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Representations of slavery
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Slavery is a recurring subject in works by the contemporary British writers Caryl Phillips, David Dabydeen and Fred D'Aguiar, yet their return to this past arises from an urgent need to understand the racial anxieties of twentieth- and twenty-first-century Britain. This book examines the ways in which their literary explorations of slavery may shed light on current issues in Britain today, or what might be thought of as the continuing legacies of the UK's largely forgotten slave past. It looks at a range of novels, poetry and non-fictional works by Phillips, Dabydeen and D'Aguiar in order to consider their creative responses to slavery. The study focuses exclusively on contemporary British literary representations of slavery, and thoughtfully engages with such notions as the history, memory and trauma of slavery and the ethics of writing about this past. It offers a guide to the ways in which the transatlantic slave trade is represented in recent postcolonial literature.

Abigail Ward

This chapter discusses slavery in the context of the works of Caryl Phillips, David Dabydeen and Fred D'Aguiar. It considers these writers' differing representation of Britain's involvement in the transatlantic slave trade, and studies the ways where their return to this past may illuminate current issues in Britain today. This chapter also looks at the history of racism in Britain, introduces the term ‘black British literature’, and discusses each of the authors in detail.

in Caryl Phillips, David Dabydeen and Fred D’Aguiar
Abigail Ward

This chapter takes a look at Phillips, who was concerned with twentieth-century Britain and the ways belonging has been made difficult for non-white citizens. It discusses several of Phillips' works, and it traces the origins of the UK's unwelcoming attitude towards blacks entering the country, as well as the related anxieties surrounding national identity.

in Caryl Phillips, David Dabydeen and Fred D’Aguiar
Abigail Ward

This chapter studies Dabydeen's move away from the historical archive in responding to the past in terms of slavery. It presents a deliberate vandalisation of—and disrespect towards—received history. It notes that Dabydeen's primary concern is with the ethics of representing slavery and that his works reveal his anxieties about audience and received readers for his texts. This chapter also examines A Harlot's Progress and The Counting House, where Dabydeen studies the role of Indian indentured labourers. A study of his narrative poem ‘Turner’ is included.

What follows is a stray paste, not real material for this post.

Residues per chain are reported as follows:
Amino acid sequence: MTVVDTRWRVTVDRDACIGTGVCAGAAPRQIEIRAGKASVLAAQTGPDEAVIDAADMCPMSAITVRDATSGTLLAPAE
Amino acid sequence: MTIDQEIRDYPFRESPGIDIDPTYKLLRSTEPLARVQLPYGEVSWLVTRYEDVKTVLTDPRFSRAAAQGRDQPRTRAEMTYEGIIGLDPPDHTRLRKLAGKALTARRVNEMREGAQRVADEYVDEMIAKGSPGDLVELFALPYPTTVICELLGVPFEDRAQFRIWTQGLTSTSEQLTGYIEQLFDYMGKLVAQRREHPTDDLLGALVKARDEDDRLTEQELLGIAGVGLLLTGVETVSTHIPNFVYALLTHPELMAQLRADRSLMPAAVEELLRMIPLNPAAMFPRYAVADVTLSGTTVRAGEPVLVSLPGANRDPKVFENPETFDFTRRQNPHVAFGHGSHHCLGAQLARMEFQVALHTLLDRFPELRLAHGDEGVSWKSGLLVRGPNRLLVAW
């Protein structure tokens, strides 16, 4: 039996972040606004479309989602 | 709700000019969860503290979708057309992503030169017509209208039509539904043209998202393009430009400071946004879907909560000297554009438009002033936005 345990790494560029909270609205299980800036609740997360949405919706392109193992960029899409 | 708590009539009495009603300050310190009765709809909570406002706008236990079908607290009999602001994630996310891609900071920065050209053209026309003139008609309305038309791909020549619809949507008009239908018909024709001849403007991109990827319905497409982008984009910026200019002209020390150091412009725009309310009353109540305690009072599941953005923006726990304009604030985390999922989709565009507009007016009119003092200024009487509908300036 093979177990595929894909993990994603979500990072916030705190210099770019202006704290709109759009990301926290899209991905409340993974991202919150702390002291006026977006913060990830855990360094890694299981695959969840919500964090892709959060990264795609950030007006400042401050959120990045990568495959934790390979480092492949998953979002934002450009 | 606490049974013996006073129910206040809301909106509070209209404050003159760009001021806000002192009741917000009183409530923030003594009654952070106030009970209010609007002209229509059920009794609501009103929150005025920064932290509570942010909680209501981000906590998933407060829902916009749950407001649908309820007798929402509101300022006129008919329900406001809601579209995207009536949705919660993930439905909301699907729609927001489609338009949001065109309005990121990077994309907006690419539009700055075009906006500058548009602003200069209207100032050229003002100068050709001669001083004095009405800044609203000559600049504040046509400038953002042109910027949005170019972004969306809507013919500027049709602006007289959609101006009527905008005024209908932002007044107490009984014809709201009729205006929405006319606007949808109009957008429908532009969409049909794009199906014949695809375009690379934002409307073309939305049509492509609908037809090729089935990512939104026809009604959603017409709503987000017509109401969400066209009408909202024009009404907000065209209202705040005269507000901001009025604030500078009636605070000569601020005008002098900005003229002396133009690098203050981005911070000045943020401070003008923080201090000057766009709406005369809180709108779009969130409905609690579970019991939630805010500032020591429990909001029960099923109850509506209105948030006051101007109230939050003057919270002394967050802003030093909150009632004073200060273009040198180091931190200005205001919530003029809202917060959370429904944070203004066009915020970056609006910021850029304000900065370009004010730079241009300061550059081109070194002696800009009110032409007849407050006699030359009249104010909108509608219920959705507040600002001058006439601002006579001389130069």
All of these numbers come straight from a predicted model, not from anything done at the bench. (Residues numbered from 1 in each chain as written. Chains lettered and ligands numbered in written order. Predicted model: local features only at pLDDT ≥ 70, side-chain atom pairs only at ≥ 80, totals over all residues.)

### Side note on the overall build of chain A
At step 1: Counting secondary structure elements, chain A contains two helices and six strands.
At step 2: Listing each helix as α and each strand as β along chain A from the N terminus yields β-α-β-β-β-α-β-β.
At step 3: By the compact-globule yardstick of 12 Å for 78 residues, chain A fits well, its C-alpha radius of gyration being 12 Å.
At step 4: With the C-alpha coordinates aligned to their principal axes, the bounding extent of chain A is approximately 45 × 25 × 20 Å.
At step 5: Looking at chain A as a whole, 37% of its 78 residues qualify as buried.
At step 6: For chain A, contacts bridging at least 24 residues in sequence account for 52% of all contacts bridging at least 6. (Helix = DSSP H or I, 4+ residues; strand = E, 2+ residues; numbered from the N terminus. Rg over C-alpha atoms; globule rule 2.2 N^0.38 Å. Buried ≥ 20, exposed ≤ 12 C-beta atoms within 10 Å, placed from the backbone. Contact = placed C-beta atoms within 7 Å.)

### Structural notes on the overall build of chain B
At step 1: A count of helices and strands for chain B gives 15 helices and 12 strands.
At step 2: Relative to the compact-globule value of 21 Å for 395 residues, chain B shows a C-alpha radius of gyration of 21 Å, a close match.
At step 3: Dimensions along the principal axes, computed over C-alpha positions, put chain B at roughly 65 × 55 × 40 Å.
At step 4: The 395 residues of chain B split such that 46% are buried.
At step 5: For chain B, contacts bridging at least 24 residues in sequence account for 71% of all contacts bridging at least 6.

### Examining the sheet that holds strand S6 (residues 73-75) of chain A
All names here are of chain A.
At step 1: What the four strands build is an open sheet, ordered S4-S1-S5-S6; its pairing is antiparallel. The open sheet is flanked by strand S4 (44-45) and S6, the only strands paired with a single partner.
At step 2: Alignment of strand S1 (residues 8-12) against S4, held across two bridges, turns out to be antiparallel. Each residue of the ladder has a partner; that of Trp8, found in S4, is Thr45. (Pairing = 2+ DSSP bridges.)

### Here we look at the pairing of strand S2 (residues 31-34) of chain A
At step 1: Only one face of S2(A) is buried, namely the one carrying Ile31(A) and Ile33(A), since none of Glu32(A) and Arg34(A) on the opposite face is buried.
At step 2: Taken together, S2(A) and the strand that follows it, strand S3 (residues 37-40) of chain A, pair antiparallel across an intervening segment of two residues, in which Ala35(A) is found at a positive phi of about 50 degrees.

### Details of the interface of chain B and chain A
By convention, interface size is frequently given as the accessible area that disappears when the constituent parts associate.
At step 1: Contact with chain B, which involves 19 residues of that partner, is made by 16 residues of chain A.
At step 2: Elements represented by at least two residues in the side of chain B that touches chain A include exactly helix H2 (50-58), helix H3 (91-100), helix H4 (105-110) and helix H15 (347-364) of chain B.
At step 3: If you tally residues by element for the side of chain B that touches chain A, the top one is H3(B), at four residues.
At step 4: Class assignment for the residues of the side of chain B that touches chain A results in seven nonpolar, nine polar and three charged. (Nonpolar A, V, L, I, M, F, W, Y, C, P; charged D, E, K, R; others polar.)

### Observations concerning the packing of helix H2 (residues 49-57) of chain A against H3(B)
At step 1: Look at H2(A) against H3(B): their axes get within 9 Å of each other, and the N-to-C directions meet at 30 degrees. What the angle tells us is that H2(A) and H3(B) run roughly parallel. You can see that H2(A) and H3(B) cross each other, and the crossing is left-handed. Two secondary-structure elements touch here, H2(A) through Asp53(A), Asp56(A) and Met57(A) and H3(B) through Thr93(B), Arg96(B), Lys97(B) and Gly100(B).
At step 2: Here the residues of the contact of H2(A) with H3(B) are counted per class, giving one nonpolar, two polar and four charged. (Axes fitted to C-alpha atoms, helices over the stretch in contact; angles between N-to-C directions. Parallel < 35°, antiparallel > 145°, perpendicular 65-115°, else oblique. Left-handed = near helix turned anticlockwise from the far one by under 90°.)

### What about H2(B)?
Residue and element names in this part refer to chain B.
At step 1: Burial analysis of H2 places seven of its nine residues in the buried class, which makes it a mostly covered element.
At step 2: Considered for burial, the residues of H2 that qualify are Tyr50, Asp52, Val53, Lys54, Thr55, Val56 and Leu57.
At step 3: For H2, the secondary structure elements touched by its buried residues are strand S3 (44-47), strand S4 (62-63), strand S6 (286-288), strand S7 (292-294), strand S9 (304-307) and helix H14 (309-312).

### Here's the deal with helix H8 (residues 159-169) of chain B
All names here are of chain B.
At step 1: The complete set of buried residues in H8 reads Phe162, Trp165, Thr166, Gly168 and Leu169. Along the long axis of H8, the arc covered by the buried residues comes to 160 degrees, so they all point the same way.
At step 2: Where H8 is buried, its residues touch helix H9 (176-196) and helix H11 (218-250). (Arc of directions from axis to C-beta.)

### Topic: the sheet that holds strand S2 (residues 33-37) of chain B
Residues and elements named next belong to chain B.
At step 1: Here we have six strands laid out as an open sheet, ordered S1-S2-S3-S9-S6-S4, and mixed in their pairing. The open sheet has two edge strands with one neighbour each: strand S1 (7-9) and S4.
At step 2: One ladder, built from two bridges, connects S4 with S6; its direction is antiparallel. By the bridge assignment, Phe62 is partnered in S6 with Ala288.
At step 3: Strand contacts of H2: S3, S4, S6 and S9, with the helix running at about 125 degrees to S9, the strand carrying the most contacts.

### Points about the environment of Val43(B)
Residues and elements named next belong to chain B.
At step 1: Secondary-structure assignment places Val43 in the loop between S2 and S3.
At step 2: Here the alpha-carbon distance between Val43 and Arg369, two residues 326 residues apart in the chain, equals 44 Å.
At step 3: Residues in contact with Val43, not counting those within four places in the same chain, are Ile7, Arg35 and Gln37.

in Caryl Phillips, David Dabydeen and Fred D’Aguiar
Abigail Ward

This chapter is focused on D'Aguiar, who struggles with the problems of representing the past of slave trading. It observes that he shares Dabydeen and Phillips' concerns with the historical record about the slave trade, and notes that he has written about the issues surrounding examining accounts of received history. This chapter considers the possibility that D'Aguiar is deeply troubled by the act of writing about the memory of slavery. It also tries to answer the question of how people are supposed to remember slavery a hundred and fifty years after its end and with the lack of witnesses.

in Caryl Phillips, David Dabydeen and Fred D’Aguiar
Abigail Ward

This chapter summarises some of the most significant trends in the critical approaches to the work of Caryl Phillips, David Dabydeen and Fred D'Aguiar. It then emphasises important points made throughout the study. It notes that slavery has been overlooked in received historical narratives of Britain, and that the texts of these three writers that were studied in this book have tried to redress the silence surrounding slavery and show why it is important that this past is not forgotten.

in Caryl Phillips, David Dabydeen and Fred D’Aguiar